‘Political game’: Le Pen slams party fraud accusations as false

France's National Front political party head Marine Le Pen (Reuters / Charles Platiau)
Leader of the French National Front party Marine Le Pen has described a fraud probe into her party launched in the EU parliament as “political manipulation” and has threatened counter legal action.

"We have nothing to reproach ourselves for, neither in this case nor in any other," Le Pen told journalists in Strasbourg on Tuesday, according to AFP.

EU Parliament President Martin Schulz asked the European Anti-Fraud Office (OLAF) to look into possible fraud concerning salaries paid to 20 assistants to European MPs, who also turned out to be listed by France’s National Front as its officials.

"One cannot be paid by the European Parliament and work for a party," Schulz explained on Tuesday.

The amount of the EU funding spent on the salaries to the twenty assistants is estimated at €7.5 million ($8.06 million).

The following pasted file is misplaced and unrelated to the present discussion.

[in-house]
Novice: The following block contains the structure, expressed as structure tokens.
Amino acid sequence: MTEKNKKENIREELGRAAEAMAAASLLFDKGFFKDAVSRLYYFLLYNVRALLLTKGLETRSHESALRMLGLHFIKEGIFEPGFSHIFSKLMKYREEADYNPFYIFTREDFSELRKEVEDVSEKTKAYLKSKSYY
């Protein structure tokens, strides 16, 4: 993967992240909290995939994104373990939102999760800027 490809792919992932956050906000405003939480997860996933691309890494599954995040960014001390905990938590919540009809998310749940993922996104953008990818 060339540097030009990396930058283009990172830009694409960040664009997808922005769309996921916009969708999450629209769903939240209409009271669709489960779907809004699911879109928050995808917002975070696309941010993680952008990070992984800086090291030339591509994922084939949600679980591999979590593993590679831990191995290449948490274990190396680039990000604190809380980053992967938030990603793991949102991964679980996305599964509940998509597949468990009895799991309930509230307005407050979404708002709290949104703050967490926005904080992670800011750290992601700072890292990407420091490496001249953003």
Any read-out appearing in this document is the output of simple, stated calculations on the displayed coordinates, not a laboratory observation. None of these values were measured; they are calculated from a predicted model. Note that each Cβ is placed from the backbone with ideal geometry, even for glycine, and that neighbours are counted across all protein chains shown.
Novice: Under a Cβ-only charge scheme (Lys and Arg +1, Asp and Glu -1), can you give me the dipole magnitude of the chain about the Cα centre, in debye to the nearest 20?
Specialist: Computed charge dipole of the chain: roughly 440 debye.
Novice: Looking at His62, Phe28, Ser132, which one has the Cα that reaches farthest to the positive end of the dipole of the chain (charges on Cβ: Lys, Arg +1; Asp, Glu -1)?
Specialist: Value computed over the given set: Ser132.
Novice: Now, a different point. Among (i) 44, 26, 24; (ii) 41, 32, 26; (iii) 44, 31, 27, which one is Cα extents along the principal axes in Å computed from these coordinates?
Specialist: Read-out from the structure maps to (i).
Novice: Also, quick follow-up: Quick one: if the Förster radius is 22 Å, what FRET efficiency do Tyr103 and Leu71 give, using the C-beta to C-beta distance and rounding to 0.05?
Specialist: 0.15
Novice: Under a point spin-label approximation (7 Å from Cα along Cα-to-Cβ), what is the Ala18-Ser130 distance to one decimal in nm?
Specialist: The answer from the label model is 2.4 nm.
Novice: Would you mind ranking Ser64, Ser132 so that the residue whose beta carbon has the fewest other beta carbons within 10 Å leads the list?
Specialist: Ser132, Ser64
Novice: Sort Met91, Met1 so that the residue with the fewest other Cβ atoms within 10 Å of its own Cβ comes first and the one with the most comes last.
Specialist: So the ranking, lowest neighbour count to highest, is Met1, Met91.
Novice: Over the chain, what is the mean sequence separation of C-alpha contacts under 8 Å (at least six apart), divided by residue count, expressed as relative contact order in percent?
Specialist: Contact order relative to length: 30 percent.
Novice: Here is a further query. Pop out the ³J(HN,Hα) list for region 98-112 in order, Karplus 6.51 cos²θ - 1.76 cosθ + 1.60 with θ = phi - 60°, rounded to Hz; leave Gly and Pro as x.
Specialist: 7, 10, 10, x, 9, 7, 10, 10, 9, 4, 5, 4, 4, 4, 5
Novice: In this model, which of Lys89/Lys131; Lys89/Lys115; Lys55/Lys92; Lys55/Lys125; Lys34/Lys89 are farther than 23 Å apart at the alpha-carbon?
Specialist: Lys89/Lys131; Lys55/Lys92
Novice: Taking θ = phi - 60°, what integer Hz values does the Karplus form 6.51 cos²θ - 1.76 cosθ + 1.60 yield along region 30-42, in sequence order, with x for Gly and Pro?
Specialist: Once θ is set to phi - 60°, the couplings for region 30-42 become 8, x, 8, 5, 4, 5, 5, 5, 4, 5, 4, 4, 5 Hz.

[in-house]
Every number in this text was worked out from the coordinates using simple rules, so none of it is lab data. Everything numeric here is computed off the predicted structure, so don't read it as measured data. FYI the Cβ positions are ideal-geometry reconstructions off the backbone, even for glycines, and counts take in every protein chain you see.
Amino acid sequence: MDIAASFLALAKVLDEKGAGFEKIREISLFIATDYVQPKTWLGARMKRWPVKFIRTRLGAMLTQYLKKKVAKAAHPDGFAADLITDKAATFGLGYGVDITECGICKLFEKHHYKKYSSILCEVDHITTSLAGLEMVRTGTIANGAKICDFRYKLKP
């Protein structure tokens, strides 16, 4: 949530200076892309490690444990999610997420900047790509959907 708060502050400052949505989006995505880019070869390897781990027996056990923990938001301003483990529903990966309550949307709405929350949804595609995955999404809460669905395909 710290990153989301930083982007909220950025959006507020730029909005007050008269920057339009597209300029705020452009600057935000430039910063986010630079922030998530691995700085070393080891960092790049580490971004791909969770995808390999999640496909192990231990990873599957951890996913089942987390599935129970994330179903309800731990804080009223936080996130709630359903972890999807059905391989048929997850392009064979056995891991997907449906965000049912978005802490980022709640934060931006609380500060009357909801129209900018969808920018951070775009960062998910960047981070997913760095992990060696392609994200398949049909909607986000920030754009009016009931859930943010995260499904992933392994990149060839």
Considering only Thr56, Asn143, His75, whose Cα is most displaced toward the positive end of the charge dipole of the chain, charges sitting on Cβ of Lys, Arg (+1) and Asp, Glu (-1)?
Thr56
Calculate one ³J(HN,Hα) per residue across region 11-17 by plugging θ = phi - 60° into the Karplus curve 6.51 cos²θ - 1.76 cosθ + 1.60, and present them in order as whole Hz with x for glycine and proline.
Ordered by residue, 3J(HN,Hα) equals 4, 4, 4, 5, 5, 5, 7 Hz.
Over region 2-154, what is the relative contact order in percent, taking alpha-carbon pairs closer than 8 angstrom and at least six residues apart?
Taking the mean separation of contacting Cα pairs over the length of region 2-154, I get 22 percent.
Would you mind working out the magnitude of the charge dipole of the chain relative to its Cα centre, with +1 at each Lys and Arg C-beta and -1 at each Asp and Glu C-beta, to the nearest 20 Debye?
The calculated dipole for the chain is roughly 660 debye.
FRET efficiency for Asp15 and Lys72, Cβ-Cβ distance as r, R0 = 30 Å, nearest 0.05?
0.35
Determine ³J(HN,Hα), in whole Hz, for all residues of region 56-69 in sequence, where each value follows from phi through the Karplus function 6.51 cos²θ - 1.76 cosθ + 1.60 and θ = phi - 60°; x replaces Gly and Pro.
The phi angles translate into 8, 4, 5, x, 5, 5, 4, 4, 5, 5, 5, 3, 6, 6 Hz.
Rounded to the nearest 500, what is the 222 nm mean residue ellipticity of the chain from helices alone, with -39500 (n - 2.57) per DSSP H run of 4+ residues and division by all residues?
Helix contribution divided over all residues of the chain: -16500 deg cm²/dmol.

Le Pen argues the case, brought forward just days before local elections in France is politically-motivated. She has also tweeted that a complaint will be filed against Schultz for “false accusations.”

"Mr. Schulz, who is a socialist, on instruction from [French PM] Mr. Valls... fulfilled his contract,” Le Pen said. “This little political game within days of elections, it starts to get a little rough."

National Front Vice-President Florian Philippot said on Twitter the case against the party was a “bogus” one.

"In a way, Schulz is right," he added, according to Reuters. "Our assistants don't work for the European Union but against it!"

READ MORE: ‘Historic victory’: Far-right National Front celebrates first French Senate seats

The National Front is leading in the opinion polls ahead of local elections in France on March 22 and 29, the Local reports.

The party celebrated two major victories in 2014. In September, it grabbed two seats in the upper house of parliament for the first time.

In May, the anti-immigration and anti-EU National Front came top and secured 24 seats in the European Parliament elections, which demonstrated a rise in popularity of both right-wing and Euroskeptic political parties.

READ MORE: The right storms Europe vote: Your quick guide to the anti-EU hardline